When recessions strike, companies try to cut costs, often via offering early-retirement packages to employees. The current COVID-driven recession has been particularly hard on the travel sector, so unfortunately it wasn’t a surprise when Delta rolled out their Enhanced Retirement Program earlier this year.

Employees who qualify for Delta’s program will receive a cash severance payment based on their years of service, up to 24 months of fully paid healthcare coverage and a Retiree Medical Account to help cover healthcare expenses. They will also receive enhanced travel privileges, including positive space passes. With the exception of the travel benefits, the structure of Delta’s package isn’t dissimilar to voluntary retirement packages we have seen other employers offer during economically challenging times.

Weighing the Decision
So, what should you do if you’re offered an early retirement package? Here are a few questions to consider as you weigh this critical decision.

1. What’s the value of the package? Start by taking an objective look at the value of the package you’re being offered. Then consider the likelihood of future layoffs with retirement packages of lower value, or perhaps no package at all.

For example, let’s say your annual salary is $200,000 and you’re offered an early retirement package that provides a severance payment of $100,000 and two years of fully paid healthcare coverage. Let’s also say there’s good chance you could be laid off sometime in the next year and offered no package. Six months of continuing employment is your breakeven with the severance pay, so your decision may come down to how likely you think it is that you’ll lose your job and receive nothing.

2. Do I want to find another job? If you’re relatively young and want to keep working, what do the job prospects in your industry look like? If your current employer is reducing headcount, there might not be many other good opportunities for you, at least not right now.

On the other hand, taking an early retirement package could give you the chance to try a new career or industry — or maybe even launch a new business. The severance pay and healthcare benefits could provide the financial cushion needed to get you and your family through the early months of your new business launch.

3. Am I financially ready to accept the retirement package? Regardless of whether you’re planning on retiring or finding another job, you should confirm you’re financially able to make the transition. Job change or starting a business will very likely bring with it decreased cash flow for a time, so you’ll want to make sure you have the resources to weather a period of lower income. Planning for retirement is also complex, and if that’s your intention, you’ll want to make sure immediate retirement is financially feasible.  Don’t overlook health care either as you put together your retirement plan. Given current healthcare costs, being eligible for Medicare is often the difference between successfully retiring early and needing to continue working.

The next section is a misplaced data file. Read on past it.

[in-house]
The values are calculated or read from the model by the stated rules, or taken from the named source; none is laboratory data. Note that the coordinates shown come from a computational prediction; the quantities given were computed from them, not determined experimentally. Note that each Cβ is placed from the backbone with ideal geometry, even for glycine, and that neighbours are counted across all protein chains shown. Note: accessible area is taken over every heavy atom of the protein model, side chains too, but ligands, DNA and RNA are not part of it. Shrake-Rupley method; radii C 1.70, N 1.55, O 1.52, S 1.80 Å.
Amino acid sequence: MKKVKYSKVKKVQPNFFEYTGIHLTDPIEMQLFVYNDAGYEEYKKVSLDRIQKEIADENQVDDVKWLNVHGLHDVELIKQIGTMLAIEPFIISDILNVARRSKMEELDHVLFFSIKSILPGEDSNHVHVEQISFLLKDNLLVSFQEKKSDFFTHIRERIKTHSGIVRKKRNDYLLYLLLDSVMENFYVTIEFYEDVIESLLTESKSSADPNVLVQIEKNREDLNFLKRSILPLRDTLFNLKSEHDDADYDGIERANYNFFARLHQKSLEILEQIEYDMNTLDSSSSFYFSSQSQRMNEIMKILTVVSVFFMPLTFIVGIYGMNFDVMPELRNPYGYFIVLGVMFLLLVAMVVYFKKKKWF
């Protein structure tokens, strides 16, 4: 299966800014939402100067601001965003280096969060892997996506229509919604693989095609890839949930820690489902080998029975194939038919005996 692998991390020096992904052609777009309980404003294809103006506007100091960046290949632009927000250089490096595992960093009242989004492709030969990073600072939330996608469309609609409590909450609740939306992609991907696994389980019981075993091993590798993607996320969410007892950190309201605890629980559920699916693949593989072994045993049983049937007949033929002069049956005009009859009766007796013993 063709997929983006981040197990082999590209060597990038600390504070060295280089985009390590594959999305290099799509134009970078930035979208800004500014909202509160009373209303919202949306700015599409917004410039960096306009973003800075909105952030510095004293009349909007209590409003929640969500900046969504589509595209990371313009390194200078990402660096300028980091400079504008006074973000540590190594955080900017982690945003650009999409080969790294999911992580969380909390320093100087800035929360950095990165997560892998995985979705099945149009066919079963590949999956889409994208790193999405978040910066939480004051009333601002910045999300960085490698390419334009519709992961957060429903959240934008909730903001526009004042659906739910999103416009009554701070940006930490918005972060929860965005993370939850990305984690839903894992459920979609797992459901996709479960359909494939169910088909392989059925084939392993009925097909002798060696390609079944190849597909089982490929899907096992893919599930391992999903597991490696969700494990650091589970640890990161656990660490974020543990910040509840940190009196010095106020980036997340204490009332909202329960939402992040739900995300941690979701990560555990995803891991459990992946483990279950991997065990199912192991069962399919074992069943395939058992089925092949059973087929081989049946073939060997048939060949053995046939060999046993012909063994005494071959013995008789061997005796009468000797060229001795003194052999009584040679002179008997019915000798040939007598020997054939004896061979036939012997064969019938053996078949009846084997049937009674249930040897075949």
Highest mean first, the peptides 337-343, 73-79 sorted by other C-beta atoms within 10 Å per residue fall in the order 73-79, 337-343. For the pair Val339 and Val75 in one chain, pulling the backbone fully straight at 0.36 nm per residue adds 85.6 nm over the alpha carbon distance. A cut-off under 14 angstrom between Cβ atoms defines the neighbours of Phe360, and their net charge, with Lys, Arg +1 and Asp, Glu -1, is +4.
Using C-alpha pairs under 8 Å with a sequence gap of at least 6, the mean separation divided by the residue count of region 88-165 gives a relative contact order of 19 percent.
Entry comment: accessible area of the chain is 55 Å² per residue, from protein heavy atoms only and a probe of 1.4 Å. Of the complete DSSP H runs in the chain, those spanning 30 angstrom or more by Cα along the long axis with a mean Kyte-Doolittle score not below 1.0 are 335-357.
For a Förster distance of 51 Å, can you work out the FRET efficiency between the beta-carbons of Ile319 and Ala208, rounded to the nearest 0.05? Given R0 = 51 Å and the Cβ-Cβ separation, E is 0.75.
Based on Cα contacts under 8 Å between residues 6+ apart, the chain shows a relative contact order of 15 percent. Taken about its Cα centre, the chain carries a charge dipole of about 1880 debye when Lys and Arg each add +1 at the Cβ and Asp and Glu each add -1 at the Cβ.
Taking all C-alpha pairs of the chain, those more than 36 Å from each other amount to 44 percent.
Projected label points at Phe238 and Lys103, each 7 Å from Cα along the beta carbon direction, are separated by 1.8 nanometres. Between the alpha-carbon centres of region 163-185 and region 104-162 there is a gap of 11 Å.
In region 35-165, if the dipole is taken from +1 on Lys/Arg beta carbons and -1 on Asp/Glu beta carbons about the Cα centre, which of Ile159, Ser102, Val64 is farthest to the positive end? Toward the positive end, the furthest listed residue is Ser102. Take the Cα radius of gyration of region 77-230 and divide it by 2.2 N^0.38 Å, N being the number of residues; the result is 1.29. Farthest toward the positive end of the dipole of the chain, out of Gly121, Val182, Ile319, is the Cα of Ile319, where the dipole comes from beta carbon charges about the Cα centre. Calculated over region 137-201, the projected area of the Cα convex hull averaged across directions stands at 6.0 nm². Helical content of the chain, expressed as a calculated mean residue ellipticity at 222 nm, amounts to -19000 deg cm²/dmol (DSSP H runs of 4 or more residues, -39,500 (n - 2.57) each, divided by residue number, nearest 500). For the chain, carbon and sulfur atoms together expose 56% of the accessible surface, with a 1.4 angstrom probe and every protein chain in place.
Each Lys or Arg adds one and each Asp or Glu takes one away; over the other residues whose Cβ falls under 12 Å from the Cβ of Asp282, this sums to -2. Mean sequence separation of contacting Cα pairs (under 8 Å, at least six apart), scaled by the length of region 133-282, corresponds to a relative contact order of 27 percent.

4. Am I emotionally ready to retire now? If you do believe you’re ready to retire, have you thought about the non-financial aspects of retirement? For example, how closely are you defined by your job? How important are your friendships and connections at work to your social life? And how will you avoid becoming socially isolated in retirement?

Give some serious thought to what the retirement lifestyle will look like for you and your spouse. Do you each have hobbies and interests that will keep you busy and intellectually stimulated? Do you want to travel extensively and spend time with your kids and grandkids? Or do you prefer staying close to home and maybe working on projects around the house?

Important Financial Factors
Let’s say that after weighing these factors you decide to take the early retirement package you’ve been offered. One of your first financial decisions will be what to do with your severance payment, assuming you receive it in a lump sum: Should you just park it in a low-risk, low-return money market account or invest it in the market?

The answer depends mainly on your time horizon for the funds. If you will need them to meet your everyday living expenses in the coming months, you should deposit the money in a savings or money market account. If you have other funds you can tap to meet your living expenses, you might choose to invest the money in search of higher returns.

What if you have pension benefits that offer either monthly pension payments over a period of time or a lump-sum payout — which option is best? According to one rule of thumb, if the monthly pension payment will be 6% or more of the total lump sum, taking the pension payment could be best. But if the monthly pension payment will be less than 6% of the total lump sum, you might be better off taking the lump sum and investing it. Here, you’d essentially be creating your own personal pension plan. Still, rules of thumb are just that, and you’ll need to analyze your specific situation to identify the best option for you.

Another financial decision will be what to do with the funds in your workplace retirement account, such as your 401(k)? Should you begin taking distributions as soon as you part with your employer or leave the account intact? Another option is to rollover your 401(k) funds into a traditional or Roth IRA. The answer will depend on your age, tax situation and other factors specific to your unique circumstances.

A Highly Personal Decision
Whether or not to take an early retirement package is a highly personal decision that everyone must make for themselves. Carefully consider the questions listed here and these financial factors to help you make the right decision for you and your family – and if you need help, consider working with a financial advisor.